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September 8, 2016 By Chris Tozzi

Tutorial: How to Run Artifactory as a Container

If you use Artifactory, JFrog’s artifact repository manager, there’s a good chance you’re already invested in a DevOps-inspired workflow. And if you do DevOps, you’re probably interested in containerizing your apps and deploying them through Docker or another container system. That’s a key part of being agile, after all.

From this perspective, it only makes sense to want to run Artifactory as a Docker container. Fortunately, you can do that easily enough. While Artifactory is available for installation directly on Linux or Windows systems, it can also run easily enough on Docker. In fact, running Artifactory as a container gives you some handy features that would not otherwise be available.

In this tutorial, I’ll explain how to run Artifactory as a container, and discuss some of the advantages of running it this way.

Pulling the Artifactory Container

Part of the reason why running Artifactory as a Docker container is convenient is that pre-built images for it already exist. The images come with the Nginx Web server and Docker repositories built in.

The Artifactory container images are available from Bintray. You can pull them with a simple Docker pull command, like so:

docker pull docker.bintray.io/jfrog/artifactory-oss:latest

This would pull the image for the latest version of the open source edition of Artifactory. If you want a different version, you can specify that in the command. Images are also available for the Pro Registry and Pro versions of Artifactory.

Running Artifactory as a Container

Once you’ve pulled the container image, start it up. A command like this one would do the trick:

docker run -d --name artifactory -p 80:80 -p 8081:8081 -p 443:443 \ -v $ARTIFACTORY_HOME/data \ -v $ARTIFACTORY_HOME/logs \ -v $ARTIFACTORY_HOME/backup \ -v $ARTIFACTORY_HOME/etc \ docker.bintray.io/jfrog/artifactory-oss:latest

The -v flags specify volume mounts to use. You could use whichever volume mounts you like, but the ones specified above follow JFrog’s suggestions. To configure them correctly, you should run

export ARTIFACTORY_HOME=/var/opt/jfrog/artifactory

prior to starting the Artifactory container, so that the ARTIFACTORY_HOME environment variable is set correctly.

Configuring the Client

Artifactory is now up and running as a container. But there’s a little extra tweaking you need to do to make it accessible on your local machine.

In particular, edit /etc/hosts so that it includes this line:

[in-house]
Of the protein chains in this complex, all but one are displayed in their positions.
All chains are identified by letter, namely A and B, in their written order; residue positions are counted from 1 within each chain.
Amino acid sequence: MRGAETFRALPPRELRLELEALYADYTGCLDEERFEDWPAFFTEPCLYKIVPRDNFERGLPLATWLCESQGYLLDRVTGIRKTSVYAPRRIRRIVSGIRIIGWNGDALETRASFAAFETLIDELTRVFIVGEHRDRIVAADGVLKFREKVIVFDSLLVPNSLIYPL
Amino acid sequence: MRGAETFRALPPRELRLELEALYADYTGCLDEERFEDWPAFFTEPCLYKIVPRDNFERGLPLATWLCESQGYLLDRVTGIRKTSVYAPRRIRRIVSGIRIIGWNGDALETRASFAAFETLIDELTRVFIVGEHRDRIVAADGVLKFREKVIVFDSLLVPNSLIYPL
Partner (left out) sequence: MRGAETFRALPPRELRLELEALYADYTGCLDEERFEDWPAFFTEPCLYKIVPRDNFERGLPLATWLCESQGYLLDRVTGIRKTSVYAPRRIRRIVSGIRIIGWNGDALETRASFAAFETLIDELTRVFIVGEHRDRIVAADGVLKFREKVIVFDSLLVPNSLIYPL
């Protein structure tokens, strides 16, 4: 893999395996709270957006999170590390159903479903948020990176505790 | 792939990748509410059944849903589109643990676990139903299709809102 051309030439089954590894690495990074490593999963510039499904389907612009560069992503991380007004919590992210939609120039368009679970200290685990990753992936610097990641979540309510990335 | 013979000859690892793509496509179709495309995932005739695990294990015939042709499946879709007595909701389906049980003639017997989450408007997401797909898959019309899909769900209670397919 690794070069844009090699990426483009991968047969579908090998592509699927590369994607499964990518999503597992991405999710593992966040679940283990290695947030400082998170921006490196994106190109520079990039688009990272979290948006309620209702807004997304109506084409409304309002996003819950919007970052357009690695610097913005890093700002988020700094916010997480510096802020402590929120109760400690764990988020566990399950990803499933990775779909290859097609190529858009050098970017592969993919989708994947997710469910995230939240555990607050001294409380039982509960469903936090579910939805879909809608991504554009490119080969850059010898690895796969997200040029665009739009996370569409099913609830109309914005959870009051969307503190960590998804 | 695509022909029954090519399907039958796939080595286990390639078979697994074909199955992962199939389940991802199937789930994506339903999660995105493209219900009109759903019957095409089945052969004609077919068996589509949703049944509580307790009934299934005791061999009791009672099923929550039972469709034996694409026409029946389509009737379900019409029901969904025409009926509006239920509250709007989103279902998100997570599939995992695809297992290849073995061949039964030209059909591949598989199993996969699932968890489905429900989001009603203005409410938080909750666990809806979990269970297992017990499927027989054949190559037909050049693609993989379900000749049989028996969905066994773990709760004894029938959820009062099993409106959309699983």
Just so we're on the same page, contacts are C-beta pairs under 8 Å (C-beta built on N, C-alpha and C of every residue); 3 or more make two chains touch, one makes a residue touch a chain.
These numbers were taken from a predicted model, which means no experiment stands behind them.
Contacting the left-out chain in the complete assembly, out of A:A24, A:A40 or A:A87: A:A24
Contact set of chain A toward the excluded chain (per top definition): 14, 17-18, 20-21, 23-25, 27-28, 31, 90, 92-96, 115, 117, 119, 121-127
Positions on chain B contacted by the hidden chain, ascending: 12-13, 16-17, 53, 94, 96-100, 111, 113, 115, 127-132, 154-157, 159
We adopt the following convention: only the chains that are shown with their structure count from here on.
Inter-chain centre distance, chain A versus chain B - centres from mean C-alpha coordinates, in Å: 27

localhost docker-virtual.art.local docker-dev-local2.art.local docker-prod-local2.art.local

Also run:
DOCKER_OPTS="$DOCKER_OPTS --insecure-registry \ docker-virtual.art.local --insecure-registry \ docker-dev-local2.art.local --insecure-registry \ docker-prod-local2.art.local --insecure-registry \ docker-remote.art.local"

This command tells Docker to work with a self-signed certificate. It’s necessary because the Artifactory container image has a self-signed certificate built in. (You would want to change this if you were running Artifactory in production, of course.)

After this, restart Docker and you’re all set. Artifactory is now properly configured, and accessible from your browser at http://localhost:8081/artifactory.

Why run Artifactory as a Container?

Before wrapping up the tutorial, let’s go over why you might want to run Artifactory as a container in the first place. Consider the following benefits:

  • It’s easy to install. You don’t have to worry about configuring repositories or making your Linux distribution compatible with the Artifactory packages. You can simply install Docker, then run the Artifactory package.
  • It’s easy to get a particular version. Using RPM or Debian packages, pulling a particular version of an app (and making sure the package manager doesn’t automatically try to update it) can be tricky. With the container image, it’s easy to choose whichever version you want.
  • It’s more secure and isolated. Rather than installing Artifactory to your local file system, you keep everything inside a container. That makes removing or upgrading clean and easy.
  • It’s easy to add to a cluster. If you want to make Artifactory part of a container cluster and manage it with Kubernetes or Swarm, you can do that in a straightforward way by running it as a container.

How to Run Artifactory as a Container is published by the Sumo Logic DevOps Community. If you’d like to learn more or contribute, visit devops.sumologic.com. Also, be sure to check out Sumo Logic Developers for free tools and code that will enable you to monitor and troubleshoot applications from code to production.

About the Author

Chris tozzi on npm artifactory
Chris Tozzi has worked as a journalist and Linux systems administrator. He has particular interests in open source, agile infrastructure and networking. He is Senior Editor of content and a DevOps Analyst at Fixate IO.

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Chris Tozzi

Chris Tozzi

Chris Tozzi is a member of the Sumo Logic Community and has worked as a journalist and Linux systems administrator. He has particular interests in open source, agile infrastructure and networking.

More posts by Chris Tozzi.

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